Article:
The United Nations Commission on Trade and Development (UNCTAD) is reporting that foreign direct investment (FDI) to the Caribbean declined by 36 per cent last year, amounting to US$1.4 billion.
In its annual World Investment Report 2021, UNCTAD says FDI inflows to small island developing states (SIDS) fell by 40 per cent to US$2.6 billion. The top five FDI host economies cited were The Bahamas, Jamaica, Maldives, Barbados and Mauritius, which accounted for four-fifths of the total FDI inflows to SIDS.
However, Caricom countries The Bahamas, Barbados and Grenada realised increased FDI inflows during 2020, even though FDI flows plunged globally by 35 per cent because of the economic crisis caused by the novel coronavirus pandemic.
“These economies continued to account for more than half the inflows to SIDS,” the report states.
FDI inflows to The Bahamas grew by 47 per cent to US$897 million, Barbados by 22 per cent to US$262 million and Grenada by 11 per cent to US$146 million.
There were also increases for Comoros, the Marshall Islands, Palau, Samoa and São Tomé and Príncipe.
According to the report, “FDI suffered both in tourism, where only a handful of projects survived the collapse of international travel, and in natural resources.”
However, Jamaica and St Kitts & Nevis experienced contractions in FDI receipts of 45 per cent and 47 per cent, respectively.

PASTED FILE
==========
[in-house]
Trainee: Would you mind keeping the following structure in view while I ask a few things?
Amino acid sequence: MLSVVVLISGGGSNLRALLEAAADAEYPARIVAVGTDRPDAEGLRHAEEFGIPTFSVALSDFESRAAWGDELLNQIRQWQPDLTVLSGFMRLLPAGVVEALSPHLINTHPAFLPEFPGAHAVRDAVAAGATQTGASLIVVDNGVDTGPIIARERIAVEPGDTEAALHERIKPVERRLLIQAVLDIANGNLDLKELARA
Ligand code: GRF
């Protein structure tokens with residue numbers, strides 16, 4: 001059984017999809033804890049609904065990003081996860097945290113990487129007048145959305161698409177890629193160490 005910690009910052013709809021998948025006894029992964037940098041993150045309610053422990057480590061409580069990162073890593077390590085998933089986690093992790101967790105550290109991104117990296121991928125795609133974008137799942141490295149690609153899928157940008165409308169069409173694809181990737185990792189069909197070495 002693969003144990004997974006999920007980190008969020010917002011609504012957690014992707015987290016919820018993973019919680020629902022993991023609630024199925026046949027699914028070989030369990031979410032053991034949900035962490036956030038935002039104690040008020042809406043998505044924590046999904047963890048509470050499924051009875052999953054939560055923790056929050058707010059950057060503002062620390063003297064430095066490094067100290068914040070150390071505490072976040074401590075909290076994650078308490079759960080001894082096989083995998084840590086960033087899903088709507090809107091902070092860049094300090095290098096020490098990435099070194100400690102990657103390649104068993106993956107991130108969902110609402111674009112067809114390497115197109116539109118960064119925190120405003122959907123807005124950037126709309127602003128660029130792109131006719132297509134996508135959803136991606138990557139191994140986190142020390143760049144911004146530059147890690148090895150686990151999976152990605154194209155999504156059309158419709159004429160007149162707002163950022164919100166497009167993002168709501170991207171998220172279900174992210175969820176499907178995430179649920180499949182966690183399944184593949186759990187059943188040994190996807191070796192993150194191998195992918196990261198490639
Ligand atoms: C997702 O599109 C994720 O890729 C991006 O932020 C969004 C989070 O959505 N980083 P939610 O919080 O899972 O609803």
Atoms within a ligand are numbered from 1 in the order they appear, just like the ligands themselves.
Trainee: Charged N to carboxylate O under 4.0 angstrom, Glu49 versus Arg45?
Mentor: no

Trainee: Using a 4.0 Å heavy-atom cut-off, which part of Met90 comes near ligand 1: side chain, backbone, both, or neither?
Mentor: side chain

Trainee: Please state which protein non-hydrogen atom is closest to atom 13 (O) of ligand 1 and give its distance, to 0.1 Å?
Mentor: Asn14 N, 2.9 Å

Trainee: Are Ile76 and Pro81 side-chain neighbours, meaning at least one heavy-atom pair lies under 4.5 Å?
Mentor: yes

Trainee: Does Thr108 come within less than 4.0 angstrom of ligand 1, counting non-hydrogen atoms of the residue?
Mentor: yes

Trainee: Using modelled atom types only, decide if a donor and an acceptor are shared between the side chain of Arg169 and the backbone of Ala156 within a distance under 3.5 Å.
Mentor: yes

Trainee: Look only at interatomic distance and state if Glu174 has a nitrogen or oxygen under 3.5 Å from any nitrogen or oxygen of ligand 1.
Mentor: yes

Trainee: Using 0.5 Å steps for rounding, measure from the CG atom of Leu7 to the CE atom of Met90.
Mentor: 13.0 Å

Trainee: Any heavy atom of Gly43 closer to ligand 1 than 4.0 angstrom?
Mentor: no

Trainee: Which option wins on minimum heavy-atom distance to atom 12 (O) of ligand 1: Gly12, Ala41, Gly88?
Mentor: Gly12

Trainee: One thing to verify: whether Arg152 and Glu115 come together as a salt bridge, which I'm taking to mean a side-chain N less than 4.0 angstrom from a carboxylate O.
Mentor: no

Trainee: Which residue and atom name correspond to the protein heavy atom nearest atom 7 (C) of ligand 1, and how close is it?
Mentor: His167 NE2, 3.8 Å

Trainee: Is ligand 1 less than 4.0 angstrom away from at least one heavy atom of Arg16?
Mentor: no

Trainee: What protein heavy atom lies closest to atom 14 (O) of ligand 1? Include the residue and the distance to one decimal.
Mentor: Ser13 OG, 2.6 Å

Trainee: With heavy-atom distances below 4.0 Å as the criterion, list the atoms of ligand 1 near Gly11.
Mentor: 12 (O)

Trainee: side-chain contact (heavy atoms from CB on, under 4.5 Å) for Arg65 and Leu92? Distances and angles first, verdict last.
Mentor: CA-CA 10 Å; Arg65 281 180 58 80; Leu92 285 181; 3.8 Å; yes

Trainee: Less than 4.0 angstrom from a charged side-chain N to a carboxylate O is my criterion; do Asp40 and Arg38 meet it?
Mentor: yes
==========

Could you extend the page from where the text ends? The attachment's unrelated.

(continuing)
The report also noted that reconstruction works, following the ravages of Hurricane Dorian in 2019, and investment in ICT services continued in 2020.
Speaking to the results in the report, The Bahamas’ minister of state for finance Senator Kwasi Thompson celebrated his country’s strongest level of FDI receipts among global SIDS.
He pointed out that the study highlighted the core message that despite the severe global economic downturn associated with the pandemic, investors maintained a strong level of confidence in the Bahamian economy. The minister further contended that “this is perhaps the strongest indicator of the enduring and sustained confidence that investors have in The Bahamas”.
“It cannot be taken for granted that during these challenging times investments are not only continuing, but increasing. This is evidence that we are headed in the right direction and motivates us to redouble our efforts until full recovery,” Thompson said in a statement.
He argued that “as the Bahamian economy rebounds, the Government’s articulated Accelerated Bahamas Recovery Plan has placed a renewed focus on prioritising public and private sector investment.